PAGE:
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photo, group of the week, nigel, dennis

Nigel, empty space, and Dennis form the 'Group of Only
Two of the Week' on this Thursday.

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Paris:– Thursday, 1. December 2005:– This week the club's secretary is not going to claim it never snows in Paris just because it hasn't snowed since a week ago Wednesday, but instead wishes to draw your attention to the fact that he is cold on account of exceptionally cold weather – even for November – and now it is December when it could get seriously cold, and I'm worried.

For, everybody like Nigel and Dennis say that it is certainly warmer today, and it is in principle, but there's this here wind blowing around. If you get it in the face your tootsies fall off.

But before spreading too much alarm I had better give you the forecast from the TV–weather news tonight. I saw the tail–end first and thought it wasn't so bad, but then I learned that the beginning features an Orange Alert!' Ding–a–ling, wake up!

Eeeh–yes. There's an Alert Orange for south Brittany and whatever regions are below, and it bulges into the interior of France, perhaps all the way here. The cause is mad winds in the Bay of Biscay, ripping north at 100 kph with other winds from the westphoto, cafe of the week blasting at Brittany at... 130 kph, with winds in the centre hurtling north at 90 kph – as well as slashing up the Channel at 110 kph. It's gonna be right breezy. So much so that you might not notice that the temperature is supposed to be 8 degrees.

Café of the Week is full of 'noise.'

On Saturday, although it might be breezy, there will not be an Alert Orange unless Méteo France changes its mind. But the sky will be rotten, murky, variable and chaotic, again with a temperate of 8 and 90 kph for the winds in the Channel, heading west.

Than she says, a new front will arrive on Sunday, with southwest winds all over, here and there 70 kph, more chaos in the heavens, but all okay here on earth because its supposed to be 9 degrees, and, of course, sunshine on the Riviera, nowhere near here.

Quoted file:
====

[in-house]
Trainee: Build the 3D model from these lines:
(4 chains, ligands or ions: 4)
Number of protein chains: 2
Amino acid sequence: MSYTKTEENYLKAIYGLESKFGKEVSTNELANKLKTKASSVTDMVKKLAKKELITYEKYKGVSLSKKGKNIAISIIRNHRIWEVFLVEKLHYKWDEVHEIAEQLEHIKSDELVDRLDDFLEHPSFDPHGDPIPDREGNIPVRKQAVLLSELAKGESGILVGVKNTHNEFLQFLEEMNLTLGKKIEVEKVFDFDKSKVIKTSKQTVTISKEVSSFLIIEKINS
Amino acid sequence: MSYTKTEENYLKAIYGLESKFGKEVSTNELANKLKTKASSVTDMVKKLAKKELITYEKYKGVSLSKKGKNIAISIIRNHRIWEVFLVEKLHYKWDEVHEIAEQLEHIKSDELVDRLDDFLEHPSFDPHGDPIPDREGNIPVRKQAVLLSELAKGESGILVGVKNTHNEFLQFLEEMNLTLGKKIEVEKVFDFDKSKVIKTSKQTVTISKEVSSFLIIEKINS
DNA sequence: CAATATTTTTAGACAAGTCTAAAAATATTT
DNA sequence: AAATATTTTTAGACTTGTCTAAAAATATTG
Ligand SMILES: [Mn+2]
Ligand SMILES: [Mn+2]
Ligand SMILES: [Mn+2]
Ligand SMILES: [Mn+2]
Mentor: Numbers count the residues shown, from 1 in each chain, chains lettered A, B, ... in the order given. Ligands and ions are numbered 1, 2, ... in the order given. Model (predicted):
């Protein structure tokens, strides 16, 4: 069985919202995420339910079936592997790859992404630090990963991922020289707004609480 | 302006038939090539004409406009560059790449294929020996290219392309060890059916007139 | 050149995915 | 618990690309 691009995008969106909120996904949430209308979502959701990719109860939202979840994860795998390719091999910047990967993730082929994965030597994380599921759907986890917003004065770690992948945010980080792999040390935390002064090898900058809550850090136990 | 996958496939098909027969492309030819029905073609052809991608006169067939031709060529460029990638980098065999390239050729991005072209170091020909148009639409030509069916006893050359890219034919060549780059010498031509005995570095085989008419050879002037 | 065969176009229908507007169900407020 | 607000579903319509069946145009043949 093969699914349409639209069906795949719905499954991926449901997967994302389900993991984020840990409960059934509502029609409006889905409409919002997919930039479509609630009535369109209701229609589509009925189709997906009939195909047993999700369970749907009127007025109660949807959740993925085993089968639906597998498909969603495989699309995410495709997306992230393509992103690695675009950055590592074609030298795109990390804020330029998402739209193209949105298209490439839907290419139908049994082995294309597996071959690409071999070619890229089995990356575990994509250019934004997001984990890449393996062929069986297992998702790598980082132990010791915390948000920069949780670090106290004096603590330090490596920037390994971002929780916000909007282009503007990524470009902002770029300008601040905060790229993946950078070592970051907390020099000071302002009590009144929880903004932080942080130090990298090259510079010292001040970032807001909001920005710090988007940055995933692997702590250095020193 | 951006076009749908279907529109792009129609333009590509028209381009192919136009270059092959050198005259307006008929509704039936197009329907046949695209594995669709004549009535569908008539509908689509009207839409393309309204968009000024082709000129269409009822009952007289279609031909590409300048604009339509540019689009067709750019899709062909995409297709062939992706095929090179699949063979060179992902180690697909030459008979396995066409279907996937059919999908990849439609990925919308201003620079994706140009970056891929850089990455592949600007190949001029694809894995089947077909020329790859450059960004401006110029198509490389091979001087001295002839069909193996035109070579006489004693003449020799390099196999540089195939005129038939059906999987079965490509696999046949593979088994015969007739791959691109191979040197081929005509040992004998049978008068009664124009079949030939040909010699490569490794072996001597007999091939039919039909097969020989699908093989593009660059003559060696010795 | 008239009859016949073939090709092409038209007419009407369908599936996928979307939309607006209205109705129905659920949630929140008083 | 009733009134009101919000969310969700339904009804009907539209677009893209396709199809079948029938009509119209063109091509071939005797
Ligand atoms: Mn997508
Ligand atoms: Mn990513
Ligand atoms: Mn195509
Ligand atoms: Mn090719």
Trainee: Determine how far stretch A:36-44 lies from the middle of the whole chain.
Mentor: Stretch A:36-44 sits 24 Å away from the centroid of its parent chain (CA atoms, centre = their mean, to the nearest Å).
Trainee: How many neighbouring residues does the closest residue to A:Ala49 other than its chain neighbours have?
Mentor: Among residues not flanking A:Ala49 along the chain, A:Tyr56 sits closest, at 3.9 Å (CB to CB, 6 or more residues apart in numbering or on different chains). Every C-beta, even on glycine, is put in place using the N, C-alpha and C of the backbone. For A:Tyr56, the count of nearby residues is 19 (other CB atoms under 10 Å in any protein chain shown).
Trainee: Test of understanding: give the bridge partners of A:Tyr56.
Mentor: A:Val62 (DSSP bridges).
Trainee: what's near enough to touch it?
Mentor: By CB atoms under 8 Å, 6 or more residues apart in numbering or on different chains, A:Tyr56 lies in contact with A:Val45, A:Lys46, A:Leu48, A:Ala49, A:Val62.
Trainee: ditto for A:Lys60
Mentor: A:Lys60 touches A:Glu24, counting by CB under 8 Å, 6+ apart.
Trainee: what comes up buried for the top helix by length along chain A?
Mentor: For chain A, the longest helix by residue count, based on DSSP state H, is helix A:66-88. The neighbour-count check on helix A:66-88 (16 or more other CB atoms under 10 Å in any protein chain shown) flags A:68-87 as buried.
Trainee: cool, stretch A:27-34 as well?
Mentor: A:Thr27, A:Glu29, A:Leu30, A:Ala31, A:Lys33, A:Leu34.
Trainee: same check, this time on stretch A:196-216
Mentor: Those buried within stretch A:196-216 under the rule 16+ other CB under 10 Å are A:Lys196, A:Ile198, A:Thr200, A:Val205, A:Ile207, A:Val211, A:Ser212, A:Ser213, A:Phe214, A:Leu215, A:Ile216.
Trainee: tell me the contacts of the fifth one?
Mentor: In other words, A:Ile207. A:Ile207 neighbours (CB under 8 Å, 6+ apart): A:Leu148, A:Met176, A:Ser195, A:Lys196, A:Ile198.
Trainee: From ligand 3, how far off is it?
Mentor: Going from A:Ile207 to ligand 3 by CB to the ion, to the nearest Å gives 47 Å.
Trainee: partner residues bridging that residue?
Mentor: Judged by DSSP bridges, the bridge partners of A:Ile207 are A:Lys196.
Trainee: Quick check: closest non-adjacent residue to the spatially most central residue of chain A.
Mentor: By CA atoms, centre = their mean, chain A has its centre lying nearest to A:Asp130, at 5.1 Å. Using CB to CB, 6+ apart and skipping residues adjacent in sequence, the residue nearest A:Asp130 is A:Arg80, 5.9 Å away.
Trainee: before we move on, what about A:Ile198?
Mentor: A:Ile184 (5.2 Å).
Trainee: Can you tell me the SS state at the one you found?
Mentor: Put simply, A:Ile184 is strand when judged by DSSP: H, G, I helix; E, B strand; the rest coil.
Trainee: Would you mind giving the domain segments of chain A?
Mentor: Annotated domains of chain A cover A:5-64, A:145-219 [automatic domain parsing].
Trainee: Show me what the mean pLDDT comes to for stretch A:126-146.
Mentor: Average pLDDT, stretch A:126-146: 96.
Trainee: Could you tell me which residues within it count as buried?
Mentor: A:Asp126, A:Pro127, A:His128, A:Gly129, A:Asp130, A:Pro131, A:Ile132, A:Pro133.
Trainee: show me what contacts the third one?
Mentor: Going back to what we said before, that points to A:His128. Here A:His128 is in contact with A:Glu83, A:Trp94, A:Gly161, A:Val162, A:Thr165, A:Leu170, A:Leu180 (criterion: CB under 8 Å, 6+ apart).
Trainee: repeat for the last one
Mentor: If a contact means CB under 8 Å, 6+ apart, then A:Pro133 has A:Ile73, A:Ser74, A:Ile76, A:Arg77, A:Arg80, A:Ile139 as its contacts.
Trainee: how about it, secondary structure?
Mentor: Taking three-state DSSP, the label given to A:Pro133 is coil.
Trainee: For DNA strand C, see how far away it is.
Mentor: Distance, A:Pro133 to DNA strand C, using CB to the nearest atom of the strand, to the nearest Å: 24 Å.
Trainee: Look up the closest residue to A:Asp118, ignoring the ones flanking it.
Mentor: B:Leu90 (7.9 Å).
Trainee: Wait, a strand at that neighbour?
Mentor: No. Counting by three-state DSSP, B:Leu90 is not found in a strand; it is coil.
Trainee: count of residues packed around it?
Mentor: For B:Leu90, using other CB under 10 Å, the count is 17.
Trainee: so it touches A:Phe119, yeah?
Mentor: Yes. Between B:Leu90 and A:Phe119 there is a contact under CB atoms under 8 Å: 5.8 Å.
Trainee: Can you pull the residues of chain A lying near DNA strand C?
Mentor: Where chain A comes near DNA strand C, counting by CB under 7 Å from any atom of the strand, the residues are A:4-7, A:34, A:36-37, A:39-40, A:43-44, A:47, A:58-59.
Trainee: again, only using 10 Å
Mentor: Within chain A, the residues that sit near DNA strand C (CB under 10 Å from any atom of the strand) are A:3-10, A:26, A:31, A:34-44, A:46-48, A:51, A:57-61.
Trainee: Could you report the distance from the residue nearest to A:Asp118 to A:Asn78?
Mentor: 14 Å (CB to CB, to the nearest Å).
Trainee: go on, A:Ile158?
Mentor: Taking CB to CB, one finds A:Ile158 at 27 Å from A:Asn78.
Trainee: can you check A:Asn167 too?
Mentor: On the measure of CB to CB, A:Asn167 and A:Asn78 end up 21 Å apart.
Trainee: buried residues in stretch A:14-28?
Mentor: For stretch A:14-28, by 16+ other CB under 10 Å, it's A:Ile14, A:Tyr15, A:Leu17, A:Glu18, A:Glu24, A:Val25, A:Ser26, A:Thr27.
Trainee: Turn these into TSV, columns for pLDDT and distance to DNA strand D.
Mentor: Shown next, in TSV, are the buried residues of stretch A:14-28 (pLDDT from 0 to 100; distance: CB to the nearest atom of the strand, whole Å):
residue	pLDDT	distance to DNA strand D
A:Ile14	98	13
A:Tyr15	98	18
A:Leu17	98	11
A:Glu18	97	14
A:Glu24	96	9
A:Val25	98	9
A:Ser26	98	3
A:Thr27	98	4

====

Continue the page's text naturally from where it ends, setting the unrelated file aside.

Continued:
The 'Good Ukrainian Joke' Report of the Week

Each day that the cold persists I get more and more used to it, or I would if the wind didn't pick up and huff and puff continually at my bathroom window – which is not at all tight – and then as soon as I get out of there with icicles dripping off my nose, the wind switches 13 degrees so that it can rattle my super huge artistic–style window overlooking the cemetery, which I can see again now that the leaves have been ripped away.

In this condition it is understandable that I look forward to an afternoon at the Café Metropole Club in the centrally–heated café La Corona. Nigel, who is in town again, becausephoto, club table, cafe, book, glass perhaps his new home in Washington has seen the magnolia leaves fall, or were ripped off. He phones from the Bouquet where he and Dimitri are eating food – it is fooding week in Paris – and says something backwards.

Not 'Lit Day at the Club,' but bargain basement 6€ bonanza.

So he shows up to help me on my way and off we go and get on the Métro at Raspail and ride down to Odéon, you know this, and he consults his map to find the 'lost' Rue de Seine, that was lost the other day after he was at Orsay. But we find the Pont Neuf where I left it last week, and see that there will be a Marché de Noël in front of Samaritaine, but the Quai du Louvre is windswept and empty.

The café's grande salle is empty too when we arrive, but it fills up fast with the few unhardy people who are wandering around, looking for the Onion Soup of the Day. Pretty soon it seems like a garlic soup kitchen with all the slurping.

Nigel has lived in Washington for about a generation and now he's moved back there, so I ask him a few questions, like, if there are any real people living there, what do they do?

He says, "But you don't drink." Then he rattles off the names of some bars that are really restaurants, like The Child Harold, The Guards, and Cramer's Bookstore, where you can go and look at books for free and drink coffee for mucho dollars.

It's a town of fashion and style, he says, quite unlike the way you can go around dressed as a Balkan taxi driver in New York or Paris. He would say folks dress in 49 shades of gray suits, but he forgets, but it explains why Washingtonians want to know what is appropriate attire in Paris. "Same as New York," he says.

Then of course we discuss America's answer to the TGV – the wonderful Chinatown Bus. Twentyphoto, cd, boris vian bucks Washington to New York and no fooling around at airports. All you need to watch out for is not getting hit–and–run in DC when the doubleparked bus is loading.

Then is when member Dennis Moyer shows up, saying, "Professor Henri is right!" Apparently the good Professor Henri says that the best used French books for the best prices are found at the bouquinistes located along both sides if the Seine. Uncle Den–Den is wearing his grand dad's great benny, so he has not noticed the wind along the river;

He shows us his treasures. There's a hardcover 'Ulysses' – only read once by an anthropologist auditingphoto, cd, django a humanities course at the Sorbonne – and there are some audio CDs, still sealed, hardly played at all, and a guide book – six euros – only three years old. "I regret not getting Josephine Baker – surely worth four euros!" he says.

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